With BHS officially collapsing into administration only yesterday, does this spell trouble for the rest of the UK’s high-street retailers? BHS, which employs over 11,000 people, is the largest retailer to fall since Woolworths went bust in 2008. It is an 88 year old company most recently bought by Phillip Green in 2000 for £200 million and then subsequently sold in 2015 for just £1 to Retail Acquisitions. Having managed to lose money for the past 7 trading years, was its demise only a matter of time or is there a recurring pattern emerging here?
If we look at Next, arguably described as the most successful high-street retailer, we see a confirmed online presence as well as a visible presence on most UK high streets. This dual angle undoubtedly gives them an advantage. However, if we look at share price performance over the past 6 months you will see a worrying trend: shares are down from a peak of £81.75 to £51.45 today – down some 37%. Does this pose a buying opportunity in valuation terms or is it the beginning of something more negatively serious?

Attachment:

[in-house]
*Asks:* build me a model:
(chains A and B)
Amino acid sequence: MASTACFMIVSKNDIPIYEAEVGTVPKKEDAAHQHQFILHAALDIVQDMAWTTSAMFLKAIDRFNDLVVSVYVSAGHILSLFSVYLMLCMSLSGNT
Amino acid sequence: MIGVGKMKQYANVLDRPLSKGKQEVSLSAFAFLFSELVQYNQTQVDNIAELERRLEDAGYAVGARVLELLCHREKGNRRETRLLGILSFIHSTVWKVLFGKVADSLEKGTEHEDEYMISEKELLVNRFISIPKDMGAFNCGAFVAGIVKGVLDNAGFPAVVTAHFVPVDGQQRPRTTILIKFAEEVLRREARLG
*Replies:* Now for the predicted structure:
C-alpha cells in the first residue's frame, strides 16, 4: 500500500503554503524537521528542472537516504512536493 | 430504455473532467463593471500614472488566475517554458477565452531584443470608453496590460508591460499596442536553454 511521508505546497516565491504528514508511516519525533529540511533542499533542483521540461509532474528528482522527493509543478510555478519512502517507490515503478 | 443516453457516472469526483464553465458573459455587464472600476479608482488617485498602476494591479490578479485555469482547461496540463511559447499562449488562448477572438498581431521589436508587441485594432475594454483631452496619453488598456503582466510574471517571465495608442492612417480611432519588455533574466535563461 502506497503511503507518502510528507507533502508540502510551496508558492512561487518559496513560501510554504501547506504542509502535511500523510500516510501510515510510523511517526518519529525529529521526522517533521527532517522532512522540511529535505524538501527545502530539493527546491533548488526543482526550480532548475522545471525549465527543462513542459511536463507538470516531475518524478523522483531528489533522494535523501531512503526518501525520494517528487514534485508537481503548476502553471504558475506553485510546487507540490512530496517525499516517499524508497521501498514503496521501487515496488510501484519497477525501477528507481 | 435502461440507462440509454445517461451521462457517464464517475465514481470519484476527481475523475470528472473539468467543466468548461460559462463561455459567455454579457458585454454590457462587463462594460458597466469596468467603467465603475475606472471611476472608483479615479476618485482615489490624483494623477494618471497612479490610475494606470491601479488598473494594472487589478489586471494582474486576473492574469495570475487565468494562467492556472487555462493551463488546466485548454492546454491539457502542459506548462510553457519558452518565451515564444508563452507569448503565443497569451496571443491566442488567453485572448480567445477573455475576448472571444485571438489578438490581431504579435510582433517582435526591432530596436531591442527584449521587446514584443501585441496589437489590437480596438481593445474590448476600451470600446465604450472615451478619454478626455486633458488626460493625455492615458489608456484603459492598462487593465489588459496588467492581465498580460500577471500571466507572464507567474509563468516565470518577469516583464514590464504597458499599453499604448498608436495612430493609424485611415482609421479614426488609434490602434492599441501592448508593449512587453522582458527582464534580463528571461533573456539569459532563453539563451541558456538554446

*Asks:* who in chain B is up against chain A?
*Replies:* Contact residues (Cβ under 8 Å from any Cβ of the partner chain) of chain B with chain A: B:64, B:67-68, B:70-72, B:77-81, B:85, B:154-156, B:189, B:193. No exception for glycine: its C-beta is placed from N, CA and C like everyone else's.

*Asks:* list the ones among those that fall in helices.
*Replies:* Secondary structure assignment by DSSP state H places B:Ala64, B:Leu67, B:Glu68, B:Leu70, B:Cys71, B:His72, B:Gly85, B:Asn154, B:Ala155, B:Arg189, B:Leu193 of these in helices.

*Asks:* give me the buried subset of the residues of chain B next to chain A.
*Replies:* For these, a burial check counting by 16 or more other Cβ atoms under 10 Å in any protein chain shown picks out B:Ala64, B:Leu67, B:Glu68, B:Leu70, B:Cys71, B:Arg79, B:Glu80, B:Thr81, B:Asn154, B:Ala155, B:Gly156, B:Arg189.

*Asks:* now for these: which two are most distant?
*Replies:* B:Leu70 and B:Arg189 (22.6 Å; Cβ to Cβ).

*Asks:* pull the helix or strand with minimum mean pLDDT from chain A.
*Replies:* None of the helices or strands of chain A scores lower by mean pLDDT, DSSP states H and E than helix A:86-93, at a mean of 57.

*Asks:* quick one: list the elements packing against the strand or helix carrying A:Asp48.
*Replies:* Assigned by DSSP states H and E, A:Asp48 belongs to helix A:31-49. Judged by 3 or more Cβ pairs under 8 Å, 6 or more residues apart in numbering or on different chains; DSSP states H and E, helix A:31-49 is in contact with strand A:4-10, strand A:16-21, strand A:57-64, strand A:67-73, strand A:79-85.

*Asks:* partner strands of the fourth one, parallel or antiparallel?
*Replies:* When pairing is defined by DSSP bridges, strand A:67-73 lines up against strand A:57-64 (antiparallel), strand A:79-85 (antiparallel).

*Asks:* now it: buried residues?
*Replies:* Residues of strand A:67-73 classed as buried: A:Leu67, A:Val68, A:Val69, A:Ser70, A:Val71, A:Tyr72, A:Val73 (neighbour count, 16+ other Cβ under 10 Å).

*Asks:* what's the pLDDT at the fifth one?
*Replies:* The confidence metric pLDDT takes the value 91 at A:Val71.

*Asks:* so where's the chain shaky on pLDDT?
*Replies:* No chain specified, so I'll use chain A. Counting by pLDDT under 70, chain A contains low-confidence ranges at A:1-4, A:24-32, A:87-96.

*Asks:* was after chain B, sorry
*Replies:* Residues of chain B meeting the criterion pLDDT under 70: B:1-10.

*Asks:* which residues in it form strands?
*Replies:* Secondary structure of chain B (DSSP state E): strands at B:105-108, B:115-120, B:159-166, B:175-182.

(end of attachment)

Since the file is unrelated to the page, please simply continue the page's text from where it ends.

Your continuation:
Jordan Hiscott, Chief Trader
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